Up until it collapsed, The DAO represented the highest technological achievement – and the coming wave of innovation – that the Ethereum blockchain has enabled.
The smart contract and blockchain were interlinked ideas. In Vitalik Buterin’s early writings detailing the network of computers that would become Ethereum, the world’s second largest by blockchain by market cap but largest by developer activity, he put forward the idea of fully decentralized, autonomous corporations or organizations (or, DACs and DAOs).
The DAO, which got that name for being the first encoded version of the concept, was the proving ground that the disruptive world of venture capitalism could itself be disrupted. Approximately $150 million in ether was contributed to the project, and more than 50 projects were teed up to possibly be funded by a smart contract that no one person owned.
Then it was attacked. On a Friday morning in June 2016, a still-anonymous hacker (or hackers) exploited a vulnerability in the code and confiscated tens of millions of dollars in cryptocurrency. Copycats soon followed. Investors withdrew their funds, a “dark DAO” was spun up to protect the remaining and a serious debate raged over when it might be appropriate to hard fork or roll back events on a blockchain.
Four years after The DAO hack, Matthew Leising, a veteran Bloomberg News reporter, is unsure of what it all meant. The obvious lessons around market exuberance and security went mostly unheeded, as evidenced by the ICO bubble that popped years ago and rise of DeFi today.
“It goes back to the vision Vitalik laid out for a decentralized platform where people could do whatever they want,” Leising said. “When you give people that flexibility and creative license, you’re going to get crazy projects.”
In his latest book, “Out of the Ether: The Amazing Story of Ethereum and the $55 Million Heist That Almost Destroyed It All,” Leising traces the events leading up to and following the pivotal moment (excerpt here). CoinDesk caught up with him to discuss The DAO’s legacy and what Leising thinks will come next in blockchain.
What do you think the most lasting legacy of the DAO hack has been?
I think it had a short living effect. At the time, I think people realized that the smart contract should have been capped, that it shouldn’t have been allowed to grow to $150 million in ether, especially for being so new. Ethereum was only a year old at that time. There should have been some emergency stop button or safety hatch, to some way take control if anything went wrong.
I love the idea of decentralized governance, but when you’re writing in a language like Solidity, which was also less than a year old, you have to have a failsafe. Especially considering the amount of bugs that were already found in The DAO before the hack.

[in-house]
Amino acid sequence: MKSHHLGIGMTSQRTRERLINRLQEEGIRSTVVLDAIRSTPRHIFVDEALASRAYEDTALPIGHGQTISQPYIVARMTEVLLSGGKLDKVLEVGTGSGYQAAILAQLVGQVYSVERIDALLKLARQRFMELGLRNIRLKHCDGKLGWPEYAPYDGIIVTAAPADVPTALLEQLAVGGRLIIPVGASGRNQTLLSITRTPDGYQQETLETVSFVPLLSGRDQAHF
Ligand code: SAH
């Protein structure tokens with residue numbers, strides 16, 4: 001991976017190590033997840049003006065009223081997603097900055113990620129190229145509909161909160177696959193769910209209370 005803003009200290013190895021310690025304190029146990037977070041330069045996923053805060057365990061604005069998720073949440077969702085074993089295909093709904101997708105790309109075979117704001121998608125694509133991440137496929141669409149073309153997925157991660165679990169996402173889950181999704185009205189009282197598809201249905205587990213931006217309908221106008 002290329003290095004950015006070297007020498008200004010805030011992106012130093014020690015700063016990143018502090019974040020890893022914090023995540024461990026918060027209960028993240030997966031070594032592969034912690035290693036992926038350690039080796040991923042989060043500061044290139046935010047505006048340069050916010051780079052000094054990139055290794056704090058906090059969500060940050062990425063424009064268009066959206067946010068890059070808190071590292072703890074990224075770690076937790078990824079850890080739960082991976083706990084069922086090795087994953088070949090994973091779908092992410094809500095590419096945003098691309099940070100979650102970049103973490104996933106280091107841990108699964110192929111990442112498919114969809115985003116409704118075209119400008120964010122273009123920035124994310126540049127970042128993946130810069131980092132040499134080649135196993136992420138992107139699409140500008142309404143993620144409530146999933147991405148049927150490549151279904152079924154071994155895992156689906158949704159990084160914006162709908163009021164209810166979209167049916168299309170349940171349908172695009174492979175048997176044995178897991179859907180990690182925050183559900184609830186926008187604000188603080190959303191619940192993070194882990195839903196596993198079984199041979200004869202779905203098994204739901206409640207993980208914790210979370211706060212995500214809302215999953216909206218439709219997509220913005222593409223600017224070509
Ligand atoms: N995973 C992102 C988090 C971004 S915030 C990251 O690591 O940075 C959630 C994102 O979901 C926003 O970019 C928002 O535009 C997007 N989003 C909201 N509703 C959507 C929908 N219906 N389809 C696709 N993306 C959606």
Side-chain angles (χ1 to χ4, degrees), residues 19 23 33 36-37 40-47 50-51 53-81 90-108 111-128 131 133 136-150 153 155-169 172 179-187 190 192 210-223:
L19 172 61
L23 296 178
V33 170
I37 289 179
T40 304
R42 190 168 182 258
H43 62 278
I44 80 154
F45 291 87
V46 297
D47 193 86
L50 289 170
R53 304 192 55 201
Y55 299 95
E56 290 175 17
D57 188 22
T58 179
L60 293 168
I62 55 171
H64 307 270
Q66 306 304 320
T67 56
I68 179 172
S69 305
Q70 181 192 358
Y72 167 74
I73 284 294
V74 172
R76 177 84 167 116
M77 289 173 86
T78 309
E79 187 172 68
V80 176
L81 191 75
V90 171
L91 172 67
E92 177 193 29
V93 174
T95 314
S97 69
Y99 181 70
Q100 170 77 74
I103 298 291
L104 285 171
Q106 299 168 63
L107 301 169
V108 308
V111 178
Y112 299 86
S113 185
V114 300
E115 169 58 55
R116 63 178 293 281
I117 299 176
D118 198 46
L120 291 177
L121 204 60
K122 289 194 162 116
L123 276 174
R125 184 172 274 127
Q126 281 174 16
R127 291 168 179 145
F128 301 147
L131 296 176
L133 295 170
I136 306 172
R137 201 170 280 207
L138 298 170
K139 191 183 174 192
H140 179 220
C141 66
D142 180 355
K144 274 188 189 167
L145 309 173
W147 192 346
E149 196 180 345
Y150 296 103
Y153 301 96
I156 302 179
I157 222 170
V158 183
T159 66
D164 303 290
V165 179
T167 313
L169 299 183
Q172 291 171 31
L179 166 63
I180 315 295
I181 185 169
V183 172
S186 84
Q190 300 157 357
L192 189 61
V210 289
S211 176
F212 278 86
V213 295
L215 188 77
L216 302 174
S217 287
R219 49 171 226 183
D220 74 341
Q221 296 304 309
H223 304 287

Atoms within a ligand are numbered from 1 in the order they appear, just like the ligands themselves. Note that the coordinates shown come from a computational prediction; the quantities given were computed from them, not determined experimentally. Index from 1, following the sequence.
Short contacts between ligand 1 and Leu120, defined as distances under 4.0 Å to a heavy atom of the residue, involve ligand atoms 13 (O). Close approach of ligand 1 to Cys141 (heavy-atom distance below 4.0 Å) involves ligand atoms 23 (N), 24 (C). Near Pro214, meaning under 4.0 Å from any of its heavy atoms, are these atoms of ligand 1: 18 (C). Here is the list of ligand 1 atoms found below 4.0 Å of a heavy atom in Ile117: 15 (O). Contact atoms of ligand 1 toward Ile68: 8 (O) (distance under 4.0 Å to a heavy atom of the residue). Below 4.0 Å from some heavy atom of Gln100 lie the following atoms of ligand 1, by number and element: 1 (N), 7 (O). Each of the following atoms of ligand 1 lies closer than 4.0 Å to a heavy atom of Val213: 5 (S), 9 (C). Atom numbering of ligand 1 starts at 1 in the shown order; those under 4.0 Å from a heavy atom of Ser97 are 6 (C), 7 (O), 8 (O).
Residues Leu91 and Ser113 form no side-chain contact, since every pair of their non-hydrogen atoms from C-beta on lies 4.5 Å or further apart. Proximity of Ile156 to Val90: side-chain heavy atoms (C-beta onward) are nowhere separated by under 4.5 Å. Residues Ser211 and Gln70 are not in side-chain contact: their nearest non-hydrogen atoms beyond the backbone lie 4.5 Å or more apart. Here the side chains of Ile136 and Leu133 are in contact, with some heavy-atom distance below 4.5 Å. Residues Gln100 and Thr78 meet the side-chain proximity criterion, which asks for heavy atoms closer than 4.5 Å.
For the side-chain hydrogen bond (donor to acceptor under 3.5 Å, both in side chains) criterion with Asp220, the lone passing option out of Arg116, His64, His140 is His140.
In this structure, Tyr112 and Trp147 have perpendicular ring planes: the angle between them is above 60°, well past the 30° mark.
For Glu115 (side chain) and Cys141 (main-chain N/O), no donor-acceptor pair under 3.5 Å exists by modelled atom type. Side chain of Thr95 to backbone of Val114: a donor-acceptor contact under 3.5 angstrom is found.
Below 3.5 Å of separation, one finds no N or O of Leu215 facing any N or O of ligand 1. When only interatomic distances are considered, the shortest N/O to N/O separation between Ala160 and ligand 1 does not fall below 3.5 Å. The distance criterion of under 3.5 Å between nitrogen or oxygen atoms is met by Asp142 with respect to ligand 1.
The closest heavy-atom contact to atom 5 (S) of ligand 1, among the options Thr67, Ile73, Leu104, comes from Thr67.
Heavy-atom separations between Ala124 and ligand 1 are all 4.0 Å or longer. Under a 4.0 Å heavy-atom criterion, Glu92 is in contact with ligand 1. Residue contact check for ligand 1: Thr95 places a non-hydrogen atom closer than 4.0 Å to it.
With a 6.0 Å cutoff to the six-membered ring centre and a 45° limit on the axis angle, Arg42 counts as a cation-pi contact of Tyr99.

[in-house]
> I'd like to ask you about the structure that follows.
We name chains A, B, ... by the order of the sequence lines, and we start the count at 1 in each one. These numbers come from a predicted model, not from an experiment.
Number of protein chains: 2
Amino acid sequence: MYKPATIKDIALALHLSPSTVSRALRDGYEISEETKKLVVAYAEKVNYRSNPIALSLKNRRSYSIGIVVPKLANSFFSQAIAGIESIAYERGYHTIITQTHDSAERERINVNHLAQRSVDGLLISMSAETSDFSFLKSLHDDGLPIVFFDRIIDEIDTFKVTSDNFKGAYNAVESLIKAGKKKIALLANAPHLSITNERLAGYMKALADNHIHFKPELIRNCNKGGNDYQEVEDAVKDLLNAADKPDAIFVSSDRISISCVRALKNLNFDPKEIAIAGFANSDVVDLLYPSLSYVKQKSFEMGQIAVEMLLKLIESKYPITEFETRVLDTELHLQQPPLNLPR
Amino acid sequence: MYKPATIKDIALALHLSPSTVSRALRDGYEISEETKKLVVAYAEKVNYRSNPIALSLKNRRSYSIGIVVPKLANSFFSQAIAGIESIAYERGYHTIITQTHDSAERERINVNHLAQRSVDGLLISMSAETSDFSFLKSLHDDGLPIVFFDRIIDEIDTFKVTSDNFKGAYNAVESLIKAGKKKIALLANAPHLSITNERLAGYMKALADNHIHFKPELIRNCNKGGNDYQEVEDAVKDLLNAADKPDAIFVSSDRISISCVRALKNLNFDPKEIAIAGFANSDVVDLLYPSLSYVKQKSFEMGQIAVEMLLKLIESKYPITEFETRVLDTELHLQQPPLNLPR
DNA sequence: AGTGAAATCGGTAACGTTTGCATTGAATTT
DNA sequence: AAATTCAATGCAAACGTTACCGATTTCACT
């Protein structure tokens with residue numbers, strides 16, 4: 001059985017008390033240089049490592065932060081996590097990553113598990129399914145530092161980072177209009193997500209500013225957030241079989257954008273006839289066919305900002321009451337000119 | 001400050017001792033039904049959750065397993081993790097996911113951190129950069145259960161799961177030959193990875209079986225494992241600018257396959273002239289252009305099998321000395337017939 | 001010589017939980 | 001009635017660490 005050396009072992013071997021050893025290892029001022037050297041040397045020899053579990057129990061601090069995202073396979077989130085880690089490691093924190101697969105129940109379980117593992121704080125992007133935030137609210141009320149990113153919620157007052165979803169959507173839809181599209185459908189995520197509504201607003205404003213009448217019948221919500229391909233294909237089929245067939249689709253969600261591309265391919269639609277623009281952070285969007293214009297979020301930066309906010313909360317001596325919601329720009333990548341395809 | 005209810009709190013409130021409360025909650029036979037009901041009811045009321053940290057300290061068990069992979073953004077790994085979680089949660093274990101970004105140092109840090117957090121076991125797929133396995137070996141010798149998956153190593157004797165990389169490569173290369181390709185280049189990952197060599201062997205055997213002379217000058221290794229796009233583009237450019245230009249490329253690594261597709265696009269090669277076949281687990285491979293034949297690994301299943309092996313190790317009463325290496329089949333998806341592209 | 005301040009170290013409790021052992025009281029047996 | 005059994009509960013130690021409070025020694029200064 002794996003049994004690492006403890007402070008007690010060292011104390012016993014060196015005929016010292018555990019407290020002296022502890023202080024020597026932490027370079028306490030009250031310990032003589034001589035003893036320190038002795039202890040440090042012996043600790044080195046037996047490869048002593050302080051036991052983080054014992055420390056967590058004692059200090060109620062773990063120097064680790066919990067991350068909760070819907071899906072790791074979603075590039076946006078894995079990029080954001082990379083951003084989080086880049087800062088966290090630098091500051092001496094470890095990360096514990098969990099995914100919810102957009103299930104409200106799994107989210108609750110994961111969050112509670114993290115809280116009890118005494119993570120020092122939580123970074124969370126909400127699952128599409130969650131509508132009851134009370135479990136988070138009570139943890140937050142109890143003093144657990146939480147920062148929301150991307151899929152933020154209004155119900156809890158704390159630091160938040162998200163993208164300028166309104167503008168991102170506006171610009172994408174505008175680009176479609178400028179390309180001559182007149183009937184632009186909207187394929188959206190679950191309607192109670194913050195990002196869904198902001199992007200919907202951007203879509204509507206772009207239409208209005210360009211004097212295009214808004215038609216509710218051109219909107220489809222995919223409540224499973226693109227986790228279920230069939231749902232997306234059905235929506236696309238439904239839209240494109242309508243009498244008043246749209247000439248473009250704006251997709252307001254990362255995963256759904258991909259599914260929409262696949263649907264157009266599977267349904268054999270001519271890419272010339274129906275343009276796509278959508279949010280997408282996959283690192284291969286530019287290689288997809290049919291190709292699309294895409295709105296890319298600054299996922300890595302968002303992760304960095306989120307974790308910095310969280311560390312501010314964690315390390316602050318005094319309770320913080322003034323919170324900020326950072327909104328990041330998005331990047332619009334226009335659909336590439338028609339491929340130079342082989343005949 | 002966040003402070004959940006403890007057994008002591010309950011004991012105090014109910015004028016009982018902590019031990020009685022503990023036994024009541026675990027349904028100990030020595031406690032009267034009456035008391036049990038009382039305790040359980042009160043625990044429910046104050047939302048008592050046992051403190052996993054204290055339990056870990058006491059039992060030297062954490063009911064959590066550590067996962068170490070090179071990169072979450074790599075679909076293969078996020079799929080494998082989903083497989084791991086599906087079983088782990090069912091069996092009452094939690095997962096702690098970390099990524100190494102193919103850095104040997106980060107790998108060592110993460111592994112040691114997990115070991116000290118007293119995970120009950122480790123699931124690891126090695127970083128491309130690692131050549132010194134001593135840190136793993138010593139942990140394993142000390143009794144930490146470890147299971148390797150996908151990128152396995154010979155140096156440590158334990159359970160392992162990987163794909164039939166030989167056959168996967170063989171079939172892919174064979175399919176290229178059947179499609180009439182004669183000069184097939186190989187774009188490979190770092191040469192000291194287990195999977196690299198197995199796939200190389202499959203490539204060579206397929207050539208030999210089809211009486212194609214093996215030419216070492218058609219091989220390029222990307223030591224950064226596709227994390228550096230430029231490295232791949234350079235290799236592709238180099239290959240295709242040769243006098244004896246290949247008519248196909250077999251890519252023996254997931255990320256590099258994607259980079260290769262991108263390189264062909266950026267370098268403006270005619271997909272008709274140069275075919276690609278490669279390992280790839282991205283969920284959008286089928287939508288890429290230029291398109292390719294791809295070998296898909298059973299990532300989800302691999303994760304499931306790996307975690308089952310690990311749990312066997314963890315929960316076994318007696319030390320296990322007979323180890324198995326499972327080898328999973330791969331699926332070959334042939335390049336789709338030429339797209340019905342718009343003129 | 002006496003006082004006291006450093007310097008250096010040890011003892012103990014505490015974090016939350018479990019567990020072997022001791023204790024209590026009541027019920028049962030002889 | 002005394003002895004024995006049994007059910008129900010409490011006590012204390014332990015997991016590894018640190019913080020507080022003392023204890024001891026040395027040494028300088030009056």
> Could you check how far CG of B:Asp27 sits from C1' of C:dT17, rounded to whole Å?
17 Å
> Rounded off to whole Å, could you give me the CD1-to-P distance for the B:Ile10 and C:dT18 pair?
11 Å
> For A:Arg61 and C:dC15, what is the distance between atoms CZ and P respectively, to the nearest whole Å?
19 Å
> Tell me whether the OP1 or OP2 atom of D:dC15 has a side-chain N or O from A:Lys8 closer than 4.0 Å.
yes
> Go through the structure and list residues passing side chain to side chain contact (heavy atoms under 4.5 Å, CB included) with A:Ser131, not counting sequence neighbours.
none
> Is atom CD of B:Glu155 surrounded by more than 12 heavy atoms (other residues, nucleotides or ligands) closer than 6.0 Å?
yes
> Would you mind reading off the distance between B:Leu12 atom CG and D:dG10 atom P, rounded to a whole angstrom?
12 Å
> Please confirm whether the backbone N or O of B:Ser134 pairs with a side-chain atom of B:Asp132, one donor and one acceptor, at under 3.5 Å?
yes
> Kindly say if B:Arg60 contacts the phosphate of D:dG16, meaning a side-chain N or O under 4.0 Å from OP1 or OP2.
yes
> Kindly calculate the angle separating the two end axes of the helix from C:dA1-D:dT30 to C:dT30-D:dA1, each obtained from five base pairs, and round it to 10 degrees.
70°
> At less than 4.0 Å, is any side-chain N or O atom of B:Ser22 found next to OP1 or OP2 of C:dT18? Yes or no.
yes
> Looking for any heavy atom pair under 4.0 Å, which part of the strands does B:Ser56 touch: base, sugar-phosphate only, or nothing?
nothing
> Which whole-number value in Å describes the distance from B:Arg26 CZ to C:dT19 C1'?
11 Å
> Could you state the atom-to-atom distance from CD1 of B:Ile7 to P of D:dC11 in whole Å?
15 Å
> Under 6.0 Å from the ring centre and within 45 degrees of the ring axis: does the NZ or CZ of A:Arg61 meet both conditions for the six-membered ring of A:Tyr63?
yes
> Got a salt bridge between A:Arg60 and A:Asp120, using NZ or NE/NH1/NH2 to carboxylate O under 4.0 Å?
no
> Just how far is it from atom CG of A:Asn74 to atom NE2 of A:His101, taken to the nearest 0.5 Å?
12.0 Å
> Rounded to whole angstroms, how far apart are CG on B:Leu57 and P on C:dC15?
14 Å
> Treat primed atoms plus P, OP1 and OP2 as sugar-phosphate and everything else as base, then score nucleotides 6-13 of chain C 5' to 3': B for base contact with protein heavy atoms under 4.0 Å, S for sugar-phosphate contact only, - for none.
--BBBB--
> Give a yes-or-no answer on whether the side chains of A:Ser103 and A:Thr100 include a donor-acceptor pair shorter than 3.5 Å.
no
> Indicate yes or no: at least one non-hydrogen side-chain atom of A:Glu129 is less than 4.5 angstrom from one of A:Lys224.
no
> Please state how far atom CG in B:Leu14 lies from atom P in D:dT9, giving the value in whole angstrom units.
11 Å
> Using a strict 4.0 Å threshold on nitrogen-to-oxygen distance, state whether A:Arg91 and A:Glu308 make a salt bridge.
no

When you’re dealing with other people’s money – you have to be careful. I wish I could say these lessons were learned, I don’t think they have. I think we’re seeing the same mistakes made in DeFi now. The money sloshing around is just insane. It’s even worse in some respects, with people announcing they haven’t audited the code.
At least with The DAO they did security audits, but there were still problems. When you compile in a language like Solidity, you’re going to have problems. There needs to be much more vetting when these projects come out so real people don’t lose money.
This seems like it gets to the fundamental enthusiasm in crypto. People are attracted to risk and volatility.
You definitely can’t cap enthusiasm, and I don’t think you’d want to. It goes back to the vision Vitalik laid out for a decentralized platform where people could do whatever they want. When you give people that flexibility and creative license, you’re going to get crazy projects. The only thing you can do about it is to not participate.
I think interesting things are being done to address this issue. Fabian Vogelsteller is exploring “reversible ICOs.” He’s the guy that wrote the ERC-20 code that allowed for ICOs, and is now trying to address that. He’s created a fundraising mechanism that allows people to pull their money out whenever they want. So it’s not like you dump ETH in a pool and the dev team can go out and buy lambos.
I’d trust someone like Fabian over some anonymous guy like Sushi Chef. These are questions you have to ask. Who are the people behind the project? Are they known quantities? Have they been in Ethereum for a while or are they coming out of the woodwork?
Read More: Did Ethereum Learn Anything From the $55M DAO Attack?